It was almost an afterthought when a Maricopa County Superior Court judge ordered former Phoenix police Officer Christopher J. Wilson to submit to an HIV test while he awaited trial on allegations of sexual misconduct with a minor. The law allowing judges to order such tests for defendants suspected of certain crimes has been in place for about 20 years, and they are routinely submitted without legal challenges. But Wilson chose to fight it. His first challenge was rejected in Superior Court, but his attorney, Robert Campos, said he plans to file an appeal with the Arizona Supreme Court, arguing that forcing Wilson to submit to the test without an evidentiary hearing amounts to a violation of his client’s constitutional protection against unreasonable search and seizure.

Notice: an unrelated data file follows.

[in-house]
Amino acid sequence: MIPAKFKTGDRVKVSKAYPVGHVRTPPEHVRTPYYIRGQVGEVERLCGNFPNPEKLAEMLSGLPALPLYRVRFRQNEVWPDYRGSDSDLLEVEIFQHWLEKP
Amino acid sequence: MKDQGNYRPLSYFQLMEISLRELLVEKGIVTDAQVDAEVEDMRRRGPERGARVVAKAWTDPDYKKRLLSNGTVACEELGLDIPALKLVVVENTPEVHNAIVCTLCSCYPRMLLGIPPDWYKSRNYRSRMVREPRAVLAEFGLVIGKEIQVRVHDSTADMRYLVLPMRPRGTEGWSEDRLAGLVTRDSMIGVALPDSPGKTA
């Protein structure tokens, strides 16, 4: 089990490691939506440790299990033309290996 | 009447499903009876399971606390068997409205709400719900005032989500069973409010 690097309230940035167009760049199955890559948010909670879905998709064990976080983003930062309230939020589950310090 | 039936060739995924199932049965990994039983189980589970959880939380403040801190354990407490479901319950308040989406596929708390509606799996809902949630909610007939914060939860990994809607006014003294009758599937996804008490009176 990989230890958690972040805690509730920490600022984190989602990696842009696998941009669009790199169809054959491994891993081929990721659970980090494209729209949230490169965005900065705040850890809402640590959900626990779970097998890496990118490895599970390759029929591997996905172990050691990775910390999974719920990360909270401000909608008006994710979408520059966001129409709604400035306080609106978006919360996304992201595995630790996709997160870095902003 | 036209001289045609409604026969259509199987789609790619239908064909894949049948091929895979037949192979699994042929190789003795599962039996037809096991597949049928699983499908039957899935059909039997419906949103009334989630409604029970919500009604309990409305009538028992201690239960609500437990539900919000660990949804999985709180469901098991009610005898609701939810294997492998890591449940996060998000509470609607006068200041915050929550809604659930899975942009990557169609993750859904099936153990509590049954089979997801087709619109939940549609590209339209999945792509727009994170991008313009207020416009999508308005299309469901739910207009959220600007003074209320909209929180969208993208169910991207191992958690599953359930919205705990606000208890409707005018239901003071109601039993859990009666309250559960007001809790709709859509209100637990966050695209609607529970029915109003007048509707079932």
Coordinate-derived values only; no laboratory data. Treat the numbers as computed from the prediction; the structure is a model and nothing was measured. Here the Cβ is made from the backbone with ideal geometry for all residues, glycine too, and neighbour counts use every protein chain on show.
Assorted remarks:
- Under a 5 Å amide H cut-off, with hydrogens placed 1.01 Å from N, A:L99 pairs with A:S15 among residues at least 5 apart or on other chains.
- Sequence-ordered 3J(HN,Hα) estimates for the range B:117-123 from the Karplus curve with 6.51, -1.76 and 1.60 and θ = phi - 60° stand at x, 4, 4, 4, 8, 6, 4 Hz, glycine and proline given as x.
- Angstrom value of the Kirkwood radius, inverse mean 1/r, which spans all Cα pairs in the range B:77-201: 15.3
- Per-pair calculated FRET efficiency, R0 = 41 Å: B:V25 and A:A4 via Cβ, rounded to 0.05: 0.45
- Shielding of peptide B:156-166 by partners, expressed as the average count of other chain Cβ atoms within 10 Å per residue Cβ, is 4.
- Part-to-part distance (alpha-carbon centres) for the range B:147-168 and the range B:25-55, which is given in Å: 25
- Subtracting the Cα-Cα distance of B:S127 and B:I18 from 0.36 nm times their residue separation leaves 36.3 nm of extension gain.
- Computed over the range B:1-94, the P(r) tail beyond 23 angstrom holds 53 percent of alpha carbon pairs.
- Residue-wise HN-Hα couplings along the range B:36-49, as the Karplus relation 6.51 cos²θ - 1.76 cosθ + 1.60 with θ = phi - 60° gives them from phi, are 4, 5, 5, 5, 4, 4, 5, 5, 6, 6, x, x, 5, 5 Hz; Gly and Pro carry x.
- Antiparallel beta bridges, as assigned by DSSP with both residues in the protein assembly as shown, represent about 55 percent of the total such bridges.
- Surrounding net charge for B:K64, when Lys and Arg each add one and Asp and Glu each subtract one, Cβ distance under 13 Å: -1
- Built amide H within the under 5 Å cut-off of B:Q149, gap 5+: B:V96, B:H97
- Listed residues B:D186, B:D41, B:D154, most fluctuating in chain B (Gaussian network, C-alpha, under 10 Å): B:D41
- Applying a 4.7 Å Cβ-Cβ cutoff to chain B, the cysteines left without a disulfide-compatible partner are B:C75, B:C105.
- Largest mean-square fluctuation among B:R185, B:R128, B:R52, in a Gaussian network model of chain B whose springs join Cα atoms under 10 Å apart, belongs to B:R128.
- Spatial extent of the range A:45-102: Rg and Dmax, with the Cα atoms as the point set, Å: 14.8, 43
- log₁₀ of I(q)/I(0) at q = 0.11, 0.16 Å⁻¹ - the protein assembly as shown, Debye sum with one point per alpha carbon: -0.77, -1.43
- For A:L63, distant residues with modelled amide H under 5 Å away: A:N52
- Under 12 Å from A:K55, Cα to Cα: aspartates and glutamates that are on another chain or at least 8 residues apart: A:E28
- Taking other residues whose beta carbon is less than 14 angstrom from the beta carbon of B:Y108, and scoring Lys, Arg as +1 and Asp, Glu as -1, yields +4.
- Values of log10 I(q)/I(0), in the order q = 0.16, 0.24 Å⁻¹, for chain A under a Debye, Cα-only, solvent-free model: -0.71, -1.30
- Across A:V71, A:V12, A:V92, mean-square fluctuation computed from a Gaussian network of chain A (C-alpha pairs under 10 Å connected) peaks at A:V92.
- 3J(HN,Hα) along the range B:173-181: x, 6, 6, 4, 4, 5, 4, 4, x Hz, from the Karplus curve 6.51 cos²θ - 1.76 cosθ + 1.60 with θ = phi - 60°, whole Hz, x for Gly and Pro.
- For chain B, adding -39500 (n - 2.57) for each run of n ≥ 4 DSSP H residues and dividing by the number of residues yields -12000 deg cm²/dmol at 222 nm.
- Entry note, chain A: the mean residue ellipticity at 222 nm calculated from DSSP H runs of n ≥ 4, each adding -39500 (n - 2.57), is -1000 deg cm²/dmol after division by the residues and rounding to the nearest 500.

News curated from other sources
New report from Williams Institute finds that HIV criminalisation in Arkansas disproportionately impacts Black men
Enforcement of HIV Criminalization in Arkansas
September 21, 2023
Costa Rica: Organisation of People Living with HIV responds to proposed law to reinstate HIV Criminalisation
Policies that criminalise HIV are policies of death
August 31, 2023
HIV stigma: A social struggle that needs political reinforcement
August 11, 2023
Just like in the 80s: No 24-hour care for HIV-positive people.
August 2, 2023
Russians may be obliged to report their HIV status before getting married
July 28, 2023
News by the HIV Justice Network
June 23, 2023